North Allegheny officials discuss later start time, too much homework as stressors |
North Hills

North Allegheny officials discuss later start time, too much homework as stressors


A survey sent to North Allegheny parents, students and staff to gauge whether delaying the start of morning classes could help reduce stress found that while a majority favor such a move at the high school, they don’t want it changed in lower grades.

But the two-pronged survey , which also gathered opinions about the role the district’s grade-weighing system has on stress, did not address what some consider a major source of stress inducer for kids — the amount of homework they get each night.

“The morning is one of the most stressful times of day for parents and students,” said board member Andrew Chomos, who gave tacit support for changing start times. “It’s amazing what even 15 or 20 minutes will do in the morning if you can give them that (extra) time.”

But Chomos questioned whether eliminating a weighted grading system for Advanced Placement courses would be much of a stress reducer.

“It’s not so much how they are graded,” Chomos said. “What we have to do is work a little better with the faculty and make sure that just because somebody takes an AP course, that’s not necessarily a license for two to three hours a night worth of homework tied to that course. It’s nonsense for children to stay up till 2 o’clock in the morning (to do homework).”

Both student representatives to the school board — Jaime Martinez and Noah Fenton — agreed.

Martinez said “flooding” students with homework is always part of the discussion during monthly meetings with principals.

Fenton said while there likely are few students “who would oppose an extra half hour of sleep in the morning,” addressing the homework issue might be a better way to reduce stress.

While getting up early “stinks,” Fenton said, “I’m still not positive until I see the data that there’s a genuine correlation between a later start time having an impact on the stress a student has.”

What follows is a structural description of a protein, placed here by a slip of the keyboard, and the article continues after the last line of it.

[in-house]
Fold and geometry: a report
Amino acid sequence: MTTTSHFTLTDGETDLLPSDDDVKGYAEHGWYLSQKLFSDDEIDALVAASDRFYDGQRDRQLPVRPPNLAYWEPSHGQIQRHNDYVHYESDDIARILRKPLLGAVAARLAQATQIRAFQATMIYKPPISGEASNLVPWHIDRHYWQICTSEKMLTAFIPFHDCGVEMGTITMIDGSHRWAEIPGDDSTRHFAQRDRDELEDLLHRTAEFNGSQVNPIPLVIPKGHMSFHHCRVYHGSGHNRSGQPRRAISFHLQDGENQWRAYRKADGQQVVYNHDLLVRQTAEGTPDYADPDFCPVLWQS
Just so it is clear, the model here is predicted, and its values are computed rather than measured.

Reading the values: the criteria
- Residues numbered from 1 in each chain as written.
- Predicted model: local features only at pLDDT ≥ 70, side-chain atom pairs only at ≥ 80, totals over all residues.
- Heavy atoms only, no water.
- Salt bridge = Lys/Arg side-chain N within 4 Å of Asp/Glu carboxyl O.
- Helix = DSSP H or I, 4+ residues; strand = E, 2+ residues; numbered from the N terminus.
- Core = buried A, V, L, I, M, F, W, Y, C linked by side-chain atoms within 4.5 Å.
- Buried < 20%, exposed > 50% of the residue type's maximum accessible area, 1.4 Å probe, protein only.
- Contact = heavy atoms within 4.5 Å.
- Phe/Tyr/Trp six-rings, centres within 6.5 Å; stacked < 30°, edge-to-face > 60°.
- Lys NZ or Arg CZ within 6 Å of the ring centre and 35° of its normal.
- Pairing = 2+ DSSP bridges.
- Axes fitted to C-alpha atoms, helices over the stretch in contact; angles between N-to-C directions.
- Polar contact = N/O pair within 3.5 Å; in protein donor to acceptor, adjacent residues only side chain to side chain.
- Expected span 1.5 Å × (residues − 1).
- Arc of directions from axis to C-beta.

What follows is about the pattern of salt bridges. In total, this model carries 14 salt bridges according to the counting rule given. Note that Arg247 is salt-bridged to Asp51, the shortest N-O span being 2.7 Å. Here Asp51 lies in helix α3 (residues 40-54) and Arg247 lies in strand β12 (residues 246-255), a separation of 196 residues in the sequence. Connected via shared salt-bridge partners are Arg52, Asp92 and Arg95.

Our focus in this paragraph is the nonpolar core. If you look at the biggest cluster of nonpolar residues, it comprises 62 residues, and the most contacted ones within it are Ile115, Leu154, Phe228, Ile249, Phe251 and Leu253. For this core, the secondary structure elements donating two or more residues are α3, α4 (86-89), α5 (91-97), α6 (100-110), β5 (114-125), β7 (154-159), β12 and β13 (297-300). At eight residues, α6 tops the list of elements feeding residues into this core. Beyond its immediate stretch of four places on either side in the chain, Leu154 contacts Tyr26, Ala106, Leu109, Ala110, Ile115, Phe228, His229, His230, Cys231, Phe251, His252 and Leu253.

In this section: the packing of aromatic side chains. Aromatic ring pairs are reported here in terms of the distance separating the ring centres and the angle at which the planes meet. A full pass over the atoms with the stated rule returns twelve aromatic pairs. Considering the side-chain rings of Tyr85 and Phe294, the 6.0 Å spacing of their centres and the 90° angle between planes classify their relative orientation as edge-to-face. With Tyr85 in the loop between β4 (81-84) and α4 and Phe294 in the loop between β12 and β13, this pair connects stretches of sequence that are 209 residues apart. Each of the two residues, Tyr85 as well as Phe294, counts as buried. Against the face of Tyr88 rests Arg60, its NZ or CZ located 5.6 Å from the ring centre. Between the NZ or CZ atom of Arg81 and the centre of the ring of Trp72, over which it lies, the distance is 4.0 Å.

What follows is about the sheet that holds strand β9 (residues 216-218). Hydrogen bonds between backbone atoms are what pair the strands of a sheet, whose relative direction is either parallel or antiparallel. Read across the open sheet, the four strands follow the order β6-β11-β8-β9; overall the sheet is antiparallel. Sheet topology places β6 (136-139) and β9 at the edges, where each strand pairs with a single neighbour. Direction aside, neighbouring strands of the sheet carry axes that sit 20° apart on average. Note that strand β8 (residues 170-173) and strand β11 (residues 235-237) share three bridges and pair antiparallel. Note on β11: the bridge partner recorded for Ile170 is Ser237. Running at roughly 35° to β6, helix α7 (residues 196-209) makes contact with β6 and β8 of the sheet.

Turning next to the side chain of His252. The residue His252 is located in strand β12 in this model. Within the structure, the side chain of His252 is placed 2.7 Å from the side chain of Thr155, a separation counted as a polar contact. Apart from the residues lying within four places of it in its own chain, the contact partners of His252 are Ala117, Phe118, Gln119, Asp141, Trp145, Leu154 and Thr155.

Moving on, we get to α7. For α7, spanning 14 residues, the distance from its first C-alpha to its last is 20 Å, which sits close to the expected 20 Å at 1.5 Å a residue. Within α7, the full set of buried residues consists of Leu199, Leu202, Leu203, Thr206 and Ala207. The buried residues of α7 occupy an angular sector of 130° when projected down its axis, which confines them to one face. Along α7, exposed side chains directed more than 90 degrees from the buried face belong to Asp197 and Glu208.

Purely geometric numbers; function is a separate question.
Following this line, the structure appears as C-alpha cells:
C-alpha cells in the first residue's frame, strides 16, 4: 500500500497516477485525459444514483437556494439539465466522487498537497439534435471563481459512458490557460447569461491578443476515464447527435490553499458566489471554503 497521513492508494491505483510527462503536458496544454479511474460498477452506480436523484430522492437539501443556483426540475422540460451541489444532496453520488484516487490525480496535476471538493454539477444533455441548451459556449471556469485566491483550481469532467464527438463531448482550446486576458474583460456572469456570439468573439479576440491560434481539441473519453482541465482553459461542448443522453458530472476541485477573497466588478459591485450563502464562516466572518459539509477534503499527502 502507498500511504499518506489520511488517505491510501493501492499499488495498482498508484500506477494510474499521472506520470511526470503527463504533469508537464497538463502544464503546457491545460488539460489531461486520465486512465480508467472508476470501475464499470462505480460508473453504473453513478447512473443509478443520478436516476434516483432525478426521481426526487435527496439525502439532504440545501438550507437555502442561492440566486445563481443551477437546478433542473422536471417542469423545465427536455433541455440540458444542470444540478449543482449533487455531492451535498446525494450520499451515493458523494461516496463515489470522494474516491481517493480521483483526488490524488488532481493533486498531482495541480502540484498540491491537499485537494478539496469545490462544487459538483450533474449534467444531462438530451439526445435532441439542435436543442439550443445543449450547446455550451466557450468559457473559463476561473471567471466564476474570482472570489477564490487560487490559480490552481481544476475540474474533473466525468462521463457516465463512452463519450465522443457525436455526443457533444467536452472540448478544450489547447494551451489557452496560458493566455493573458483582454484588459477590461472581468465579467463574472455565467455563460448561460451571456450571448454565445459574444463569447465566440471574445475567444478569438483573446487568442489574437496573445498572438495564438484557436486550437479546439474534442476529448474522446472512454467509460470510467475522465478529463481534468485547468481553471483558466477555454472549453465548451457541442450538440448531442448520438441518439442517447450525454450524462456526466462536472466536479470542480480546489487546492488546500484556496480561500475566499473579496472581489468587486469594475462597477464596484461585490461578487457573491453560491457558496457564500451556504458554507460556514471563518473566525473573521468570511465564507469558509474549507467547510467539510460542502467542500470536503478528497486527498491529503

He said the largest source of stress is “obvious.”

“Not to be blunt, but I could put a billboard out in the parking lot: It’s homework,” he said. “That’s what’s really putting stress on students.”

Board President Kevin Mahler said while the homework issue was not part of the initial survey, it does not mean it cannot be addressed as part of the district’s overall stress reduction effort.

“We do have to talk about homework,” he said. “But I don’t want to come at homework from a perspective of dumbing down the curriculum. An AP course is supposed to be hard, you should have homework.”

Mahler conceded that there may be value in trying to find a balance between providing students with enough homework to meet the requirements of a course without adding stress to their lives.

Among the 5,530 respondents to the multiple-option survey, 74 percent supported changing the high school start time from 7:25 a.m. to some time between 8 and 8:40 a.m.

However, only 36 percent of those surveyed supported such a change at the middle school, which begins classes at 8:10 a.m.

Instituting such a change at the elementary level was favored by only 7 percent of respondents.

A second survey sent out to high school students and all district parents and staff on whether eliminating or altering the practice of “grade weighting” could also help reduce stress.

Not having a system that lets students achieve higher overall grade-point averages by taking more challenging courses was not seen as a barrier for college admissions, according to 55 college counselors queried by the district.

But many of the counselors told the district that weighted grades are used to determine scholarship eligibility — a benefit that effectively sounded the death knell for eliminating such a system at NA.

The board had initially considered taking action on a change in school start times in January. But Mahler said the district might delay making any decisions until more information is gathered and analyzed.

Tony LaRussa is a Tribune-Review staff writer. Reach him at 724-772-6368 or [email protected] or via Twitter @TonyLaRussaTrib.

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